The gentle art of the cover, pt. 2

One particularly interesting brand of covers is what we might call “The reclamation of the guilty pleasures”: when a ’serious’ artist covers a song originally performed by an artist considered somewhat tacky or unhip, such as a boy “band” or Las Vegas crooner. Often, it’s more than welcome – after all, girl and boy groups composed by record companies ain’t what they used to be. At times, the interpreter manages to bring forth completely unexpected nuances in the song – often retrieving a rather pretty little melody from under a mountain of unnecessary drum machines and synthesizers.

Today’s subject for that treatment is teen-pop star turned trailer-trash queen Britney Spears. Travis’ version of Baby one more time was just as amusingly shocking as undeniably good when it came out – could a “serious” brit-pop band really do that? They could, and they succeeded.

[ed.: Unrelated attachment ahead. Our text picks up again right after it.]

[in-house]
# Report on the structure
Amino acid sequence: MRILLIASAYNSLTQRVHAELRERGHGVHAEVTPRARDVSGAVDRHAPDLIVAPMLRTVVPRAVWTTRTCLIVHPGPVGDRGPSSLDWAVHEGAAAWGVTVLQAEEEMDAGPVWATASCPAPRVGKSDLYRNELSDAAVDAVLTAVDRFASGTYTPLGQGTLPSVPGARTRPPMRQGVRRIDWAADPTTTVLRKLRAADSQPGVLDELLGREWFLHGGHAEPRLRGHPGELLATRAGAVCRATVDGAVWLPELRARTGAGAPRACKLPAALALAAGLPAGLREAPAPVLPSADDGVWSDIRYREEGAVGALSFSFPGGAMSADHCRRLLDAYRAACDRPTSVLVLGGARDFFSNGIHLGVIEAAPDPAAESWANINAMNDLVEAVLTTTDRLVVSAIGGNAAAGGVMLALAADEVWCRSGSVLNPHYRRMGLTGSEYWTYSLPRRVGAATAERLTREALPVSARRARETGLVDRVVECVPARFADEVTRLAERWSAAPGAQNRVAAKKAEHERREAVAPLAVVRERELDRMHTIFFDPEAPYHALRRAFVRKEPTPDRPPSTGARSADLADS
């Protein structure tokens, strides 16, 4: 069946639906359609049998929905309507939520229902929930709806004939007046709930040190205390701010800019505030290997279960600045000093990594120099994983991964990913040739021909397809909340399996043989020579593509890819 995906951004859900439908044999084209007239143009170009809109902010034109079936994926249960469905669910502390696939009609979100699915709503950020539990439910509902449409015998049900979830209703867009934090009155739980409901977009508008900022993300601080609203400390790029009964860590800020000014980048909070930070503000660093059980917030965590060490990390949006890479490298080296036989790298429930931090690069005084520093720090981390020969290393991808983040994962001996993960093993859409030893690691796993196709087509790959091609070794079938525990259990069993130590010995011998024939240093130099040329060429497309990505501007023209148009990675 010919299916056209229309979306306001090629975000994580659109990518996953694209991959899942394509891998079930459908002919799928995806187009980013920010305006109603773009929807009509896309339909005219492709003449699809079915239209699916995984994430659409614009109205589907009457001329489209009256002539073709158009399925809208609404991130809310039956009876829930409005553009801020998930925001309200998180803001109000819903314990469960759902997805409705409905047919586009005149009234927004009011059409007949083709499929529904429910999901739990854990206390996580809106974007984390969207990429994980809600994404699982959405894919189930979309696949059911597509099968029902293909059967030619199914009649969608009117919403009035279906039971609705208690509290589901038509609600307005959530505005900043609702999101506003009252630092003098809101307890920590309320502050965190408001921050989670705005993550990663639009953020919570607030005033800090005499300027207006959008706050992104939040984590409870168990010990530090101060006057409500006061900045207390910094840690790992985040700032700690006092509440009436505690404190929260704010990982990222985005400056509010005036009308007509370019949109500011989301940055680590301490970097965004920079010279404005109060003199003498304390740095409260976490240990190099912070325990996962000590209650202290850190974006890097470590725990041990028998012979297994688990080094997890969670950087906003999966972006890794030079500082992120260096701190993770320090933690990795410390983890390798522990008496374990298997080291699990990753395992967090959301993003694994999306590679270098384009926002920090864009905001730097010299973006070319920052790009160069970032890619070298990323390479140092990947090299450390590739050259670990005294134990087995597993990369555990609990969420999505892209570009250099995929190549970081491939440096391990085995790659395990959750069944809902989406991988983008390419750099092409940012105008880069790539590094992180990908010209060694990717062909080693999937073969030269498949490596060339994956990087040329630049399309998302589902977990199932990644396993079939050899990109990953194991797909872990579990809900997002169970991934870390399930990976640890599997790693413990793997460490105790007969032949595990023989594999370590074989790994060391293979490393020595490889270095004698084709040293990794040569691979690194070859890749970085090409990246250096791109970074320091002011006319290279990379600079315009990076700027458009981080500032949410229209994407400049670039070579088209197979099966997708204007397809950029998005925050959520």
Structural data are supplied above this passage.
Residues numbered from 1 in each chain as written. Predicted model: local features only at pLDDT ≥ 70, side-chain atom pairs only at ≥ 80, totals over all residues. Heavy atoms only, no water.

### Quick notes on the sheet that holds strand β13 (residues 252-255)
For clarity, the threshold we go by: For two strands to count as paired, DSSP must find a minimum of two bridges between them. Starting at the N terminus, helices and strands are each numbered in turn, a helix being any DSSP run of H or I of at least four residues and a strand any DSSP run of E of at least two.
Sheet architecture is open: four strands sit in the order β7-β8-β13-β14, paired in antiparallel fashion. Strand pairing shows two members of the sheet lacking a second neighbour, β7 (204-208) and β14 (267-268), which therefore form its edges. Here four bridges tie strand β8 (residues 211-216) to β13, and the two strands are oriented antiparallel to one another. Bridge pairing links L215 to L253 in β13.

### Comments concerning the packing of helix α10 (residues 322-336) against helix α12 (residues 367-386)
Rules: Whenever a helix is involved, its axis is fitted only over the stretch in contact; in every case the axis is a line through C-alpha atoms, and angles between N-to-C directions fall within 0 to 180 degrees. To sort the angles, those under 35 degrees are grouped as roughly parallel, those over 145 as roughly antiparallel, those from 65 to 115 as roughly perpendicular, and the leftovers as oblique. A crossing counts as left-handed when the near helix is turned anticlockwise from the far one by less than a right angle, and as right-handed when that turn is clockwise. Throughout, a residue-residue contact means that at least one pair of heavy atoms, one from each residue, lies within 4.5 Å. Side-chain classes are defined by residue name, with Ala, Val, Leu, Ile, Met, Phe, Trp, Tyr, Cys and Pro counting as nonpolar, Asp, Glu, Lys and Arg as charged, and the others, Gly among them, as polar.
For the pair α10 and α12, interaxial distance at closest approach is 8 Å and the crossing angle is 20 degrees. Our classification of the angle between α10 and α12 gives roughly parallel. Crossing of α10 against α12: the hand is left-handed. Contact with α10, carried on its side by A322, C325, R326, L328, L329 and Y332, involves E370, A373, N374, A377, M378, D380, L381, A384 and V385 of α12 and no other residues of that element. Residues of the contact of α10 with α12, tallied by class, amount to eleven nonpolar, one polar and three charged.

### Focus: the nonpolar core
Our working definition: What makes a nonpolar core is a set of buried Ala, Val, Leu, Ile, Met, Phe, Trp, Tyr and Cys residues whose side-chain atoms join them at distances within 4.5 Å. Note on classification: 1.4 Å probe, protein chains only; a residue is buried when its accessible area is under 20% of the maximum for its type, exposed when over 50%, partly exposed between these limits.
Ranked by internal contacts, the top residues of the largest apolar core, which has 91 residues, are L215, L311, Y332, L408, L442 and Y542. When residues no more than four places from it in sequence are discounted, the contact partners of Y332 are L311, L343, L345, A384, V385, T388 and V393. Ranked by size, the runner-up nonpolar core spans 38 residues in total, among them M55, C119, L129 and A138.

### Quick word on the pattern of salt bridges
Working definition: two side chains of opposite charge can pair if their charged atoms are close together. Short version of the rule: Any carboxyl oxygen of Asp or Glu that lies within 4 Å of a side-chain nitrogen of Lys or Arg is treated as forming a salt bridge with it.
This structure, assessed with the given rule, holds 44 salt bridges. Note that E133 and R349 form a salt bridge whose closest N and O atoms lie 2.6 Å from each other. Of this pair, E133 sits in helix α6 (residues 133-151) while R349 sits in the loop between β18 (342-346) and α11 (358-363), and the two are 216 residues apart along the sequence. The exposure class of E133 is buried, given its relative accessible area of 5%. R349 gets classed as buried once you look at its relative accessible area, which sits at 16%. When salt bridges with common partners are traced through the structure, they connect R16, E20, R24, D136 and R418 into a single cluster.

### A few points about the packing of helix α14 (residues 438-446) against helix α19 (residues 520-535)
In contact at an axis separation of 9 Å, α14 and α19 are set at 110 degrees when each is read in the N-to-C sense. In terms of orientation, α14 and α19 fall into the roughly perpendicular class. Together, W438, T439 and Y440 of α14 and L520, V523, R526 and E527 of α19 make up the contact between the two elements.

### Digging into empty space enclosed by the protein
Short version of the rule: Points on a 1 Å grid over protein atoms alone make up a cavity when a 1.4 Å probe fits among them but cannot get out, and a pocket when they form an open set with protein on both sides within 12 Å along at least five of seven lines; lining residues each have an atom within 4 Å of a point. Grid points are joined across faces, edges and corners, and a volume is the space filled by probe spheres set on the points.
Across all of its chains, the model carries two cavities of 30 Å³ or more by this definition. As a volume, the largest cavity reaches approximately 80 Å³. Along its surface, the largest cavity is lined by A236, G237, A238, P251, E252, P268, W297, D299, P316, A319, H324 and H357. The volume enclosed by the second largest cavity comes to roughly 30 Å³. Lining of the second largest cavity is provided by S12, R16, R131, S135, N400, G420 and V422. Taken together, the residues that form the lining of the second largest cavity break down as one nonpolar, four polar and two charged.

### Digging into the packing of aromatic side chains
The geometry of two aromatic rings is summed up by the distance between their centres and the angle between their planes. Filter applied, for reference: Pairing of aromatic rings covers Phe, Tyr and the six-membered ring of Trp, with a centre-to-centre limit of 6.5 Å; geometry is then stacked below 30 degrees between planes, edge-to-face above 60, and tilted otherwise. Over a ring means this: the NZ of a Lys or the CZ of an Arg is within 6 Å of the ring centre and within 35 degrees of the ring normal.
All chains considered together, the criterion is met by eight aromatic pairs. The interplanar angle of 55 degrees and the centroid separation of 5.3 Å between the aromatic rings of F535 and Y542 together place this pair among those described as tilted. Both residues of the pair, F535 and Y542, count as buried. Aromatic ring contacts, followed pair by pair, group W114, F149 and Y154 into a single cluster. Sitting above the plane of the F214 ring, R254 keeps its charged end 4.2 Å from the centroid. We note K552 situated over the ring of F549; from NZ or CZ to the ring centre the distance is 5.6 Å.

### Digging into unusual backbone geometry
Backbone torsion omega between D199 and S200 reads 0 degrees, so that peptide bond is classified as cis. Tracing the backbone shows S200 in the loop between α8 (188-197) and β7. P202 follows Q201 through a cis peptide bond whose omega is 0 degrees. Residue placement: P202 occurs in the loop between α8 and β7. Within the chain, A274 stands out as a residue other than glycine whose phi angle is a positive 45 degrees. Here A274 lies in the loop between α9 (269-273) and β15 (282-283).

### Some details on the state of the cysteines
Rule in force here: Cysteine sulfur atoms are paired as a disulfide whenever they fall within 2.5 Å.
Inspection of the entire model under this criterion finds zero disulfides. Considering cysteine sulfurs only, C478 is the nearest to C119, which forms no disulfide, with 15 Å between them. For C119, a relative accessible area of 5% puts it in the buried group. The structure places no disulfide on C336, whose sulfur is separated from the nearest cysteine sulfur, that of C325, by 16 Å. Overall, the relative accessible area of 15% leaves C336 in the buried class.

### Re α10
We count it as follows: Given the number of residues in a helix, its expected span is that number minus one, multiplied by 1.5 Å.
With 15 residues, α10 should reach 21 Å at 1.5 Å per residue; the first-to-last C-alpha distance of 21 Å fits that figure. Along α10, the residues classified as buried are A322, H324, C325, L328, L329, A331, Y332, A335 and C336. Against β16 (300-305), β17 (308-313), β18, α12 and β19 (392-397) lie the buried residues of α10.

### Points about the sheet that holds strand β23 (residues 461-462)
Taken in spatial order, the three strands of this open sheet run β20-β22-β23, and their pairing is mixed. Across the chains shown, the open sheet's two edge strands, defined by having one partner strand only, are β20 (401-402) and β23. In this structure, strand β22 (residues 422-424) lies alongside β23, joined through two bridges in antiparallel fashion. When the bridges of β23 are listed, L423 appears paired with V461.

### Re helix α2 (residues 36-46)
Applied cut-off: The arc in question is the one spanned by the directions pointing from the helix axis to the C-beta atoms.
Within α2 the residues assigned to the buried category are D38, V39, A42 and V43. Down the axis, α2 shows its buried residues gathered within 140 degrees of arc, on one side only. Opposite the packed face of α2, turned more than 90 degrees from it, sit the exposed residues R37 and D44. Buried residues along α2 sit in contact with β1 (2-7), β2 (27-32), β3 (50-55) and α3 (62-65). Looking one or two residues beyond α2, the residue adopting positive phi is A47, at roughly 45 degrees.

Things begin to get really interesting, though, by the time we get to the later output of ms. Spears’ songwriters. The charming little Dutchess Stevie Ann sure puts the right spin on Toxic, but the true killer is when The Chapin Sisters veil the same song in their angelic yet sinister vocal harmonies. Absolutely gorgeous, and major kudos for listing their influences at the page as “The Carter Family, The Chapin Family, The Manson Family“. The fact that one of the girls is the daughter of horror maestro Wes Craven makes perfect sense.


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